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Let $(\Omega,\mathcal{A},\mu)$ be a measure space and $\mu$ $\sigma$-finite. Let $h$ be a probability density on $(\Omega,\mathcal{A},\mu)$. Consider the measure $h\mu(A):=\int_{\Omega}h1_A\, d\mu$ on $(\Omega,\mathcal{A})$. Is $h\mu$ a $\sigma$-finite measure?

Hello, do not know if one needs it here but we had a criterion for that in our lecture:

A measure $\mu$ on a measurable space $(\Omega,\mathcal{A})$ is $\sigma$-finite exactly then if there is a strictly positive function $f\in\mathcal{L}_{\mu}^1$.

Approved to this situation if I want to show that $h\mu$ is $\sigma$-finite, I have to find a striclty positive function $f\in\mathcal{L}_{h\mu}^1$.

That $h$ is a probability density means that $$ \int_{\Omega}h\, d\mu=1, $$ right? Then my idea is to use a constant function $f(x)\equiv c$ for $c>0$. Then $f$ is strictly positive, it is measurable and furtermore $$ \int_{\Omega}\lvert f\rvert\, d(h\mu)=c\cdot\int_{\Omega}h\, d\mu=c<\infty $$

Is that already the proof that $h\mu$ is a $\sigma$-finite measure?

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  • $\begingroup$ You just need the definition of $\sigma$-finiteness for this proof. $\endgroup$
    – mez
    Jan 18, 2014 at 12:41
  • $\begingroup$ @mezhang I added my idea. PS: I do not understand your first objection. The measure $h\mu$ is defined for $A\in\mathcal{A}$. $\endgroup$
    – user34632
    Jan 18, 2014 at 12:42

2 Answers 2

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Recall the definition of $\sigma$-finiteness. Since $(\Omega, \mathcal{A},\mu)$ is $\sigma$-finite, there exist $\{\Omega_i\}$ countable family such that $\Omega = \bigcup_i \Omega_i$ and $\mu(\Omega_i)<\infty$. Now clearly $$h\mu(\Omega_i) = \int_\Omega h\chi_{\Omega_i} d\mu = \int_{\Omega_i} h d\mu\le 1 <\infty$$ Thus $h\mu$ is $\sigma$-finite since $\Omega$ can be covered by a countable family of $h\mu$ measure finite sets.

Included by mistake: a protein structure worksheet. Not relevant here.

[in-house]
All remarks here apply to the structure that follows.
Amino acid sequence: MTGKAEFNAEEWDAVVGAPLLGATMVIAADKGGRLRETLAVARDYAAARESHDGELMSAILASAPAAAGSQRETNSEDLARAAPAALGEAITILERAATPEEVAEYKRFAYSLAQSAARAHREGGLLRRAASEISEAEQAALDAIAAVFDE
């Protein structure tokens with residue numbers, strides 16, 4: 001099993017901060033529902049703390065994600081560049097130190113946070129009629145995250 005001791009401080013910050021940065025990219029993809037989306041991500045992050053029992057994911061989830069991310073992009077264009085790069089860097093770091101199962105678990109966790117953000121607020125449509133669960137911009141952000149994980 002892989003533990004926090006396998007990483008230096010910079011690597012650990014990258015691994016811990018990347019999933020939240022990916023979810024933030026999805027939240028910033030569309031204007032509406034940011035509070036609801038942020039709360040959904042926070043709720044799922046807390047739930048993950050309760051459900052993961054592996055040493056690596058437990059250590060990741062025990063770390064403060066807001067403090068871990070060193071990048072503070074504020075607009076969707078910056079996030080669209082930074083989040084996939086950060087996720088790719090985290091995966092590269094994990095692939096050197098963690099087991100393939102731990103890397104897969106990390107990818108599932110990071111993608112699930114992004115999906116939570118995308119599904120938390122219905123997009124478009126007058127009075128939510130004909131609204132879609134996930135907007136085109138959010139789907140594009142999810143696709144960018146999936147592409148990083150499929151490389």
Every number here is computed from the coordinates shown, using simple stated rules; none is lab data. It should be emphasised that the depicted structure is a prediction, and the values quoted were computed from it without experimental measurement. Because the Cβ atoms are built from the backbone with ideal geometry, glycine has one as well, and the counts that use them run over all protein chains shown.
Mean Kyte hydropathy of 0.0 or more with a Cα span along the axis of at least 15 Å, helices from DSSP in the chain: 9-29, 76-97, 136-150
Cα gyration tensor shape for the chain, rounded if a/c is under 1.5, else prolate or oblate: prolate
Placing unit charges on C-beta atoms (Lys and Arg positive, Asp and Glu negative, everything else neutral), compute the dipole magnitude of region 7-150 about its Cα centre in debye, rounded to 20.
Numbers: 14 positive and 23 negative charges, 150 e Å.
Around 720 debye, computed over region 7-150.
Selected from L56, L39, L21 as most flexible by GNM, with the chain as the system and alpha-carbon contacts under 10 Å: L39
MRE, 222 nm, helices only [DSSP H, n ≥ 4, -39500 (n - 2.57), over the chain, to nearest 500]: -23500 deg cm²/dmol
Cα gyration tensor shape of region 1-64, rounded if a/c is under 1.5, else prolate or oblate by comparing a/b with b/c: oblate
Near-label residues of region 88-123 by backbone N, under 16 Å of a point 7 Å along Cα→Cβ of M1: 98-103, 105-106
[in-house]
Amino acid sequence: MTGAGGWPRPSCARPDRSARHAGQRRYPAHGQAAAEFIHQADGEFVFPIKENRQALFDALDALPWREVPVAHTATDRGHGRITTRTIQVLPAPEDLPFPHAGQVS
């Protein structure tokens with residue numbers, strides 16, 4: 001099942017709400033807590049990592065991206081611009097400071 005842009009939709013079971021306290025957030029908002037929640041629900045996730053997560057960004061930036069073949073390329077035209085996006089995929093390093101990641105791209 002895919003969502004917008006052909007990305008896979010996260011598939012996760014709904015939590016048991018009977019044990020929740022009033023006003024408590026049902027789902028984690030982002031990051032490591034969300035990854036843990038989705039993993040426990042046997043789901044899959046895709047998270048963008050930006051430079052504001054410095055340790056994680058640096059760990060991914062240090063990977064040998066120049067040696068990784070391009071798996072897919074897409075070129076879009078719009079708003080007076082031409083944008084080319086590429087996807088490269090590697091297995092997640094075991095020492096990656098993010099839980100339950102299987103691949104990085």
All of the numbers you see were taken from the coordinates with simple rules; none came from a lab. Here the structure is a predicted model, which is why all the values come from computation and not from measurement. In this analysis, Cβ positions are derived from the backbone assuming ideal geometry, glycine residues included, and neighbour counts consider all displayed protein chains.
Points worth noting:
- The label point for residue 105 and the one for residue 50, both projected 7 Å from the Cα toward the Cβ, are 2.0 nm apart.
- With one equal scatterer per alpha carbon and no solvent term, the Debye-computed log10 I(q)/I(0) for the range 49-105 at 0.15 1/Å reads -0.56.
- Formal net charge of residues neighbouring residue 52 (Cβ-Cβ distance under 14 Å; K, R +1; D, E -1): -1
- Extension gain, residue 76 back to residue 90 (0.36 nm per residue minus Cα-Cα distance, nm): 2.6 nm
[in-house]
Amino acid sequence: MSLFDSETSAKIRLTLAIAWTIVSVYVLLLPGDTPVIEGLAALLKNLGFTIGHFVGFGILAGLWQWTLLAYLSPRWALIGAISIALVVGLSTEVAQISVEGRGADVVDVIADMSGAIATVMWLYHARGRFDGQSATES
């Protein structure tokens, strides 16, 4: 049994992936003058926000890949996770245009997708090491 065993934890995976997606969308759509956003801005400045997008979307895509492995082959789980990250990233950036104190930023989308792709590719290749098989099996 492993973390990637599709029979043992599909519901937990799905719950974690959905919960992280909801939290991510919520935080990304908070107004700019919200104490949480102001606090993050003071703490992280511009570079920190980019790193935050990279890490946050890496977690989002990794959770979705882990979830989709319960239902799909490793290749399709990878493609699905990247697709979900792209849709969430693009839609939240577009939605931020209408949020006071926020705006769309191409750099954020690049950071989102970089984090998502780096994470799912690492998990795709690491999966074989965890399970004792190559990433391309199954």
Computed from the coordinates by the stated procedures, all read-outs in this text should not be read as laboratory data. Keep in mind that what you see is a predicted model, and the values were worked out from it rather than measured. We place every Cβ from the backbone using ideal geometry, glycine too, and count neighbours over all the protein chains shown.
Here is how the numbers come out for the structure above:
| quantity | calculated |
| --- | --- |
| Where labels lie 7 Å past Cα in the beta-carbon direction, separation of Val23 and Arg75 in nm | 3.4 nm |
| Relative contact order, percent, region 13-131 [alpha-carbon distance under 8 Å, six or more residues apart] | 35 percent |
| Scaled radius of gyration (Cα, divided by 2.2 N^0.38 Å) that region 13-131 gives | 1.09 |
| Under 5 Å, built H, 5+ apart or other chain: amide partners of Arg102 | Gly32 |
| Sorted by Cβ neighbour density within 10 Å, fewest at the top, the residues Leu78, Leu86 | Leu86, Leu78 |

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  • $\begingroup$ Ok, thanks. You used the definition of $\sigma$-finite. In my idea that I added I use the characterization of $\sigma$-finite we recently had in our lecture. Can you say mé if my added proof is right? $\endgroup$
    – user34632
    Jan 18, 2014 at 12:50
  • $\begingroup$ Are you sure the criterion you have is necessary and sufficient? If it is, then your proof is correct. $\endgroup$
    – mez
    Jan 18, 2014 at 12:55
  • $\begingroup$ Yes, anyhow this is in our script. $\endgroup$
    – user34632
    Jan 18, 2014 at 12:55
  • $\begingroup$ As more or less indicated in my answer, I am not sure these steps are the best way to go (anyway they are not necessary). $\endgroup$
    – Did
    Jan 18, 2014 at 13:43
  • $\begingroup$ @Did You are right. $\endgroup$
    – mez
    Jan 19, 2014 at 3:08
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Better to go straight to the heart of the matter, I would say... By hypothesis, $h$ is a probability density hence $(h\mu)(\Omega)=1$, which shows that $h\mu$ is actually a finite (not only $\sigma$-finite) measure.

The hypothesis that $\mu$ is $\sigma$-finite is not needed. Nor is the criterion you recall in your post.

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